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Burlesque

November 27, 2010

Burlesque

There’s a certain cultural niche of the pop diva who is stereotypically popular among gay men. There’s a lot of variation in style — Madonna definitely fits, as do Barbra Streisand, Bette Midler, and even Judy Garland in an earlier era. And Cher has embraced this niche over the last two decades of an amazing career. In Burlesque, she passes the torch — along with the torch song — to Christina Aguilera.

The idea of the burlesque show conjures up visions of lascivious and scandalous dancers in a smoky speakeasy. It’s the sort of thing that used to get banned in Boston, and which you did not discuss in polite company. But Burlesque has been filtered through Bob Fosse’s Cabaret, and aimed squarely at those who would know who Bob Fosse was. The girls have curves, sure, but they’re more like architectural details than anything truly sexual. This show is strictly PG-13, and it never really feels like it’s straining that line.

And is isn’t really a bad thing. Actual girlie shows translate badly to the screen, as evidenced by Showgirls. So throw out what a real burlesque act might include, and you get a giant, fun music video. Fantastic, artistic visuals and deft choreography are the order of the the day.

As for the plot, it just needs to be enough of a skeleton to get us safely from one musical number to the next without collapsing under its own weight. So we start with Ali (Aguilera) leaving absolutely nobody behind in the middle of Iowa to seek he fortune in Los Angeles. She almost literally stumbles into the Burlesque Lounge down on Sunset Boulevard, and immediately falls in love with the place.

The music hall is run by Tess (Cher), an experienced performer-turned-impresaria. The backstage is managed by her dear friend Sean (Stanley Tucci), Jack (Cam Gigandet) heads up the beefcake behind the bar, Alexis (an incredibly underused Alan Cumming) mans the door, and Nikki (Kristen Bell) is the reigning queen of the dancers.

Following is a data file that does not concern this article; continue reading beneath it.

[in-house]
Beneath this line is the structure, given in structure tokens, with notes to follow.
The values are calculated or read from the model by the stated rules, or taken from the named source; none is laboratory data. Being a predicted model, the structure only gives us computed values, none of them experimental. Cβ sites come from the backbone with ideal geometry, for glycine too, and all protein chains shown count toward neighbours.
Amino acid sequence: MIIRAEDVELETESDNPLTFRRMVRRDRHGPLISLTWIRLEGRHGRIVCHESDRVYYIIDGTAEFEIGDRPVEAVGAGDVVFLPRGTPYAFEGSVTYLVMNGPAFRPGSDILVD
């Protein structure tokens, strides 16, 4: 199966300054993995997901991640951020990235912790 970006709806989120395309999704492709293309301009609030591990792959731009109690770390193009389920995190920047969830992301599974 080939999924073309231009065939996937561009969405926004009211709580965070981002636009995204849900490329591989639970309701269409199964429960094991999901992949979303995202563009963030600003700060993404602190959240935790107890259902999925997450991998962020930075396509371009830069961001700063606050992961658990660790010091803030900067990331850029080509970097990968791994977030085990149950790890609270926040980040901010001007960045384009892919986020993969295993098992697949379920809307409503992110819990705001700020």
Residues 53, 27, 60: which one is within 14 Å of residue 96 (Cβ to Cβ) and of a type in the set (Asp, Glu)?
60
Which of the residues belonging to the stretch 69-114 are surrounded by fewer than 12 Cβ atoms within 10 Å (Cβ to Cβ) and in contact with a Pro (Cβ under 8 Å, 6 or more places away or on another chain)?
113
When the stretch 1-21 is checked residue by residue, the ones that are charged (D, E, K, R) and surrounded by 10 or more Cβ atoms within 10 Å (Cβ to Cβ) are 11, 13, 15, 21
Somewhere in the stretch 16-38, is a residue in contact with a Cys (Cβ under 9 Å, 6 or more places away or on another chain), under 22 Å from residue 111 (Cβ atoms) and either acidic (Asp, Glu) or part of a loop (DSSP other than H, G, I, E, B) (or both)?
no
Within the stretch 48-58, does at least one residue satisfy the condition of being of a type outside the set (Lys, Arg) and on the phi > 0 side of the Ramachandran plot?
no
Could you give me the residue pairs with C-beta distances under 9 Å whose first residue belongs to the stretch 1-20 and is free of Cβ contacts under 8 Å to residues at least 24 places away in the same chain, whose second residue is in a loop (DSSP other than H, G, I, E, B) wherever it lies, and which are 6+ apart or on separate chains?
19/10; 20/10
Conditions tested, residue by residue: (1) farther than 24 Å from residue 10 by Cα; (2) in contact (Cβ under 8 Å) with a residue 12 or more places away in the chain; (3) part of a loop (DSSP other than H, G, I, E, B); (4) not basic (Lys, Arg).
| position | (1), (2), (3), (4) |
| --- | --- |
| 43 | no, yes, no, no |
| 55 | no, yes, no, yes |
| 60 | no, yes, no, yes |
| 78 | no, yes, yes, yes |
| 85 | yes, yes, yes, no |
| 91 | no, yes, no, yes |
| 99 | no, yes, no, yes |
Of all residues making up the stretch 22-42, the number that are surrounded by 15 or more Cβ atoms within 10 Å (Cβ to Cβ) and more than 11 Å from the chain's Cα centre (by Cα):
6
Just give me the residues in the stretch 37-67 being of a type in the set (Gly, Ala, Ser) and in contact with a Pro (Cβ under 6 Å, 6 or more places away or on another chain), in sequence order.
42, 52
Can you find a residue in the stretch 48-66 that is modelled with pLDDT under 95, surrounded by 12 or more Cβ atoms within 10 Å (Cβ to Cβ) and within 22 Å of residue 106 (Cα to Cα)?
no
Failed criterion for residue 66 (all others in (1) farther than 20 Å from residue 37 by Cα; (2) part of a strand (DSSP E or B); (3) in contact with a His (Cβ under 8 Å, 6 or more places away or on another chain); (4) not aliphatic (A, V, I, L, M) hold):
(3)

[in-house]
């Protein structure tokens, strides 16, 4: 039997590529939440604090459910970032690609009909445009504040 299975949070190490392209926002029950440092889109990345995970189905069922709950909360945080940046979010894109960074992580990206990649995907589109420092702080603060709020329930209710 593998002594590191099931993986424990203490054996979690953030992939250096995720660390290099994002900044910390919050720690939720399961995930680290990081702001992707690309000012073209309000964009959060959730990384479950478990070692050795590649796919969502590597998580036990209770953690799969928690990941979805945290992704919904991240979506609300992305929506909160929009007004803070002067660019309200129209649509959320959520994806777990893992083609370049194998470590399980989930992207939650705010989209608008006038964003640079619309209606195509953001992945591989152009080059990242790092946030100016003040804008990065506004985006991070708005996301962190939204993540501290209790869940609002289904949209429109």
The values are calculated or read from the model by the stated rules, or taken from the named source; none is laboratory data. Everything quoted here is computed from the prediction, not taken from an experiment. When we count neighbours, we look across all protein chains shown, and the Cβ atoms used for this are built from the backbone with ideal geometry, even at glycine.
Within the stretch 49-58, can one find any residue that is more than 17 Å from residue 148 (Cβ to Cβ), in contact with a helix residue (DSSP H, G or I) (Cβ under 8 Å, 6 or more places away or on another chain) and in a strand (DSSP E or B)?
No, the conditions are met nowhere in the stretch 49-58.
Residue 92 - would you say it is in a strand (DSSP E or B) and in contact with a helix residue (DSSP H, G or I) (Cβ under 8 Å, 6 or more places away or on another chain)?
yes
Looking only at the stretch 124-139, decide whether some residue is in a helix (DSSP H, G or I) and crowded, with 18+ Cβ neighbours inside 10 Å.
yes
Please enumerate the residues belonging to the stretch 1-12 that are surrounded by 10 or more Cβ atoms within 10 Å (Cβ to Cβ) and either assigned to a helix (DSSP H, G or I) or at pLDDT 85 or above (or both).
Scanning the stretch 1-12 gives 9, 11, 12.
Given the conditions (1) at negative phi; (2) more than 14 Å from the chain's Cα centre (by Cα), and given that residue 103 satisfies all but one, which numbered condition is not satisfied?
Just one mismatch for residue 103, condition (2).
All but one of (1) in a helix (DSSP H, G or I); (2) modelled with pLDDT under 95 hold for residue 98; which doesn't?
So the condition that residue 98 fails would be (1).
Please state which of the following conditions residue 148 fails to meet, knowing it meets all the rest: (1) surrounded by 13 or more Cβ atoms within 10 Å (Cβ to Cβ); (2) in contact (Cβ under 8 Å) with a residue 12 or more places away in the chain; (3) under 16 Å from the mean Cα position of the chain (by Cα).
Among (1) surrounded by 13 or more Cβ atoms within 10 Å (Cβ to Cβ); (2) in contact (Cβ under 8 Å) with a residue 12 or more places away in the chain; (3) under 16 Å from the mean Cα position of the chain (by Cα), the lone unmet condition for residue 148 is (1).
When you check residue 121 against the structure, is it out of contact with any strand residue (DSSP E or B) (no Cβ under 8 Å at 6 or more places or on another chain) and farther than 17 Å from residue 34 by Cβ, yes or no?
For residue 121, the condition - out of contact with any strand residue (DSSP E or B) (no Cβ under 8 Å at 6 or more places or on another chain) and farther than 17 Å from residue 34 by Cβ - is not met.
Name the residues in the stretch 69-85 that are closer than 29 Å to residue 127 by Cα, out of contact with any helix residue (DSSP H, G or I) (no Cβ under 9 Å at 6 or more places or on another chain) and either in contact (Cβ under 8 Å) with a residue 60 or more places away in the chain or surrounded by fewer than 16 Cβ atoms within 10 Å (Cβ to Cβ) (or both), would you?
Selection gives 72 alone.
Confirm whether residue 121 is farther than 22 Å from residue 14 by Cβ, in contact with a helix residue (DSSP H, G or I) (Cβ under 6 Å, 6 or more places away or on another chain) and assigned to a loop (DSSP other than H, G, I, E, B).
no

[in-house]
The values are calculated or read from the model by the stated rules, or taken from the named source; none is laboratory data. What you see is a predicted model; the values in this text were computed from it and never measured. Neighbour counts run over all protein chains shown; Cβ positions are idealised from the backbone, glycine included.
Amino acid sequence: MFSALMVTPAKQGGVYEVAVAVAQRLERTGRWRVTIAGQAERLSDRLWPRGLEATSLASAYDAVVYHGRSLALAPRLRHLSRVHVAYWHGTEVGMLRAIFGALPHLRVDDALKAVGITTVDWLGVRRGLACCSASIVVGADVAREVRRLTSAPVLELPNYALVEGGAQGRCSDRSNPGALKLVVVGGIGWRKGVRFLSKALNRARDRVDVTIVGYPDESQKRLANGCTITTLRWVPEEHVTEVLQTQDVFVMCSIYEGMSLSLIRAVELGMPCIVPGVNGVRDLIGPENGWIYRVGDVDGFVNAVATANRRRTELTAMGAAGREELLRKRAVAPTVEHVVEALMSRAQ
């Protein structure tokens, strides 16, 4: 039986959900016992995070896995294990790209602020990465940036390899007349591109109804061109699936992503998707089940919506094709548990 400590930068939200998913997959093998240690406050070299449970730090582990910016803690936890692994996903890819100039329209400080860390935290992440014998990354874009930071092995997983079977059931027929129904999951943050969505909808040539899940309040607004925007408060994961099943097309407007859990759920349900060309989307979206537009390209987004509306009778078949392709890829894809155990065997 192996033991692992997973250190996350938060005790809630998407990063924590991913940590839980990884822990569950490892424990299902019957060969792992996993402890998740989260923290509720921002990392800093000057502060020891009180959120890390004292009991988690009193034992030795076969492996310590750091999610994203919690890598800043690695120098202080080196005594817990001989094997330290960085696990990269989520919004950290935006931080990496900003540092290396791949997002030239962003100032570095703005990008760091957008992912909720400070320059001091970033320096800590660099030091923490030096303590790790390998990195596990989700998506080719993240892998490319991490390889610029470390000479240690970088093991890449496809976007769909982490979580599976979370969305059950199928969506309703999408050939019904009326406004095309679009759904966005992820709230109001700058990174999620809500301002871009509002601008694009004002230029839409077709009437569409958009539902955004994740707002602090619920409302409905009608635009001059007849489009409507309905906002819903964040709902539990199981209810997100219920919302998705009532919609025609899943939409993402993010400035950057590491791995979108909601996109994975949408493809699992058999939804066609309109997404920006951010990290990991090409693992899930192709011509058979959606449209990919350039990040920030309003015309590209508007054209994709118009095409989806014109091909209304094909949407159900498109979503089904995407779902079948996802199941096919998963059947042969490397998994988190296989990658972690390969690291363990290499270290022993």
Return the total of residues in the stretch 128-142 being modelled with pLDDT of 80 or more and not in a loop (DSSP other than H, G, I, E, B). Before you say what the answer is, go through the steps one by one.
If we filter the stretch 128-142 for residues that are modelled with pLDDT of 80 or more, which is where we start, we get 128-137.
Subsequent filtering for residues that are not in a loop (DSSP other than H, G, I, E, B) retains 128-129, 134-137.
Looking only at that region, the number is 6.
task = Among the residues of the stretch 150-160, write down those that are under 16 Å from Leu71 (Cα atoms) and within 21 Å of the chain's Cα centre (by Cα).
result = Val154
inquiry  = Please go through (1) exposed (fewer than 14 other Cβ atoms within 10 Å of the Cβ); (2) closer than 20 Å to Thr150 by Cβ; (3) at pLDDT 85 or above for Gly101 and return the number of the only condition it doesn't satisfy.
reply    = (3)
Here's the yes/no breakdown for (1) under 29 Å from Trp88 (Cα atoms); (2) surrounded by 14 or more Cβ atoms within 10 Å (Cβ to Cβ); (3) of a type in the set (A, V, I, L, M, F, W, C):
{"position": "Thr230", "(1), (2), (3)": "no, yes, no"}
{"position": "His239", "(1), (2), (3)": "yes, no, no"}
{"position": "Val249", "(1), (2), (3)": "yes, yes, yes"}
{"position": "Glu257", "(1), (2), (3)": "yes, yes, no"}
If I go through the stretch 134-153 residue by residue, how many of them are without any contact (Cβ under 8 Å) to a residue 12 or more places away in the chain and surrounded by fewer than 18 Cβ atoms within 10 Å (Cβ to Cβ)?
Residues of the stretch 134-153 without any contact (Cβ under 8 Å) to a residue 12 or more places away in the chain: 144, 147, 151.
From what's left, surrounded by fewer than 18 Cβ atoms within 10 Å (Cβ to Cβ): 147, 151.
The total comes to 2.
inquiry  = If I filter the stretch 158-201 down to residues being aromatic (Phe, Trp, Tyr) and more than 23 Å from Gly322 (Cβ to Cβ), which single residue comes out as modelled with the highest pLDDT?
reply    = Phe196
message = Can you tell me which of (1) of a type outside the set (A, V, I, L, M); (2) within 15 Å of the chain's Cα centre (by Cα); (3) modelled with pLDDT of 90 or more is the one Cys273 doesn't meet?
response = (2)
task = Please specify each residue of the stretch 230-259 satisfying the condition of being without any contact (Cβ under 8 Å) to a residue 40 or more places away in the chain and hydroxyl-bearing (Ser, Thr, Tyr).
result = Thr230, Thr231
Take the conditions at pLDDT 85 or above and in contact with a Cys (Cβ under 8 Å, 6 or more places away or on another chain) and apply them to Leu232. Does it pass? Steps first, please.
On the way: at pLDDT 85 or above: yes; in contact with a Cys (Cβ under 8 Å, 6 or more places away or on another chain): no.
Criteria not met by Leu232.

But all is not well, as the club is hemorrhaging money and a balloon payment on the second mortgage looms. Tess’ partner and ex-husband Vince (Pete Gallagher) is panicked, and is trying to push her into taking an offer from real-estate developer Marcus (Eric Dane), who also has his eye on the new talent.

The focus may be on the musical numbers, but there’s really nothing else here worth seeing. As I said, the plot just needs to carry from one number to the next, and Diablo Cody is absolutely up to this job. But when there are more homages to Cabaret on the screen than there are garter belts in the costume department, it’s hard not to notice how toothless and pale the story is. There is absolutely no surprise, no edge, and no real danger. Not one but two threats absolutely fail to materialize. Aguilera and Cher have some sweetness to their interactions, but they’re a long, long way from Cher and Olympia Dukakis in Moonstruck.

Still, the musical numbers are the real point. Aguilera has done here time in the pop-culture wilderness, and she’s more than ready to be taken seriously as an adult performer, and as an actress, for that matter. The same, unfortunately, cannot be said for other teen pop idols of her generation. If you casually dismissed her along with them back in the ’90s, it’s worth taking another look. And Cher, for her part, capably proves that she’s still got it while having the grace to step aside.

Worth it: if you know who Bob Fosse is.
Bechdel Test: pass.

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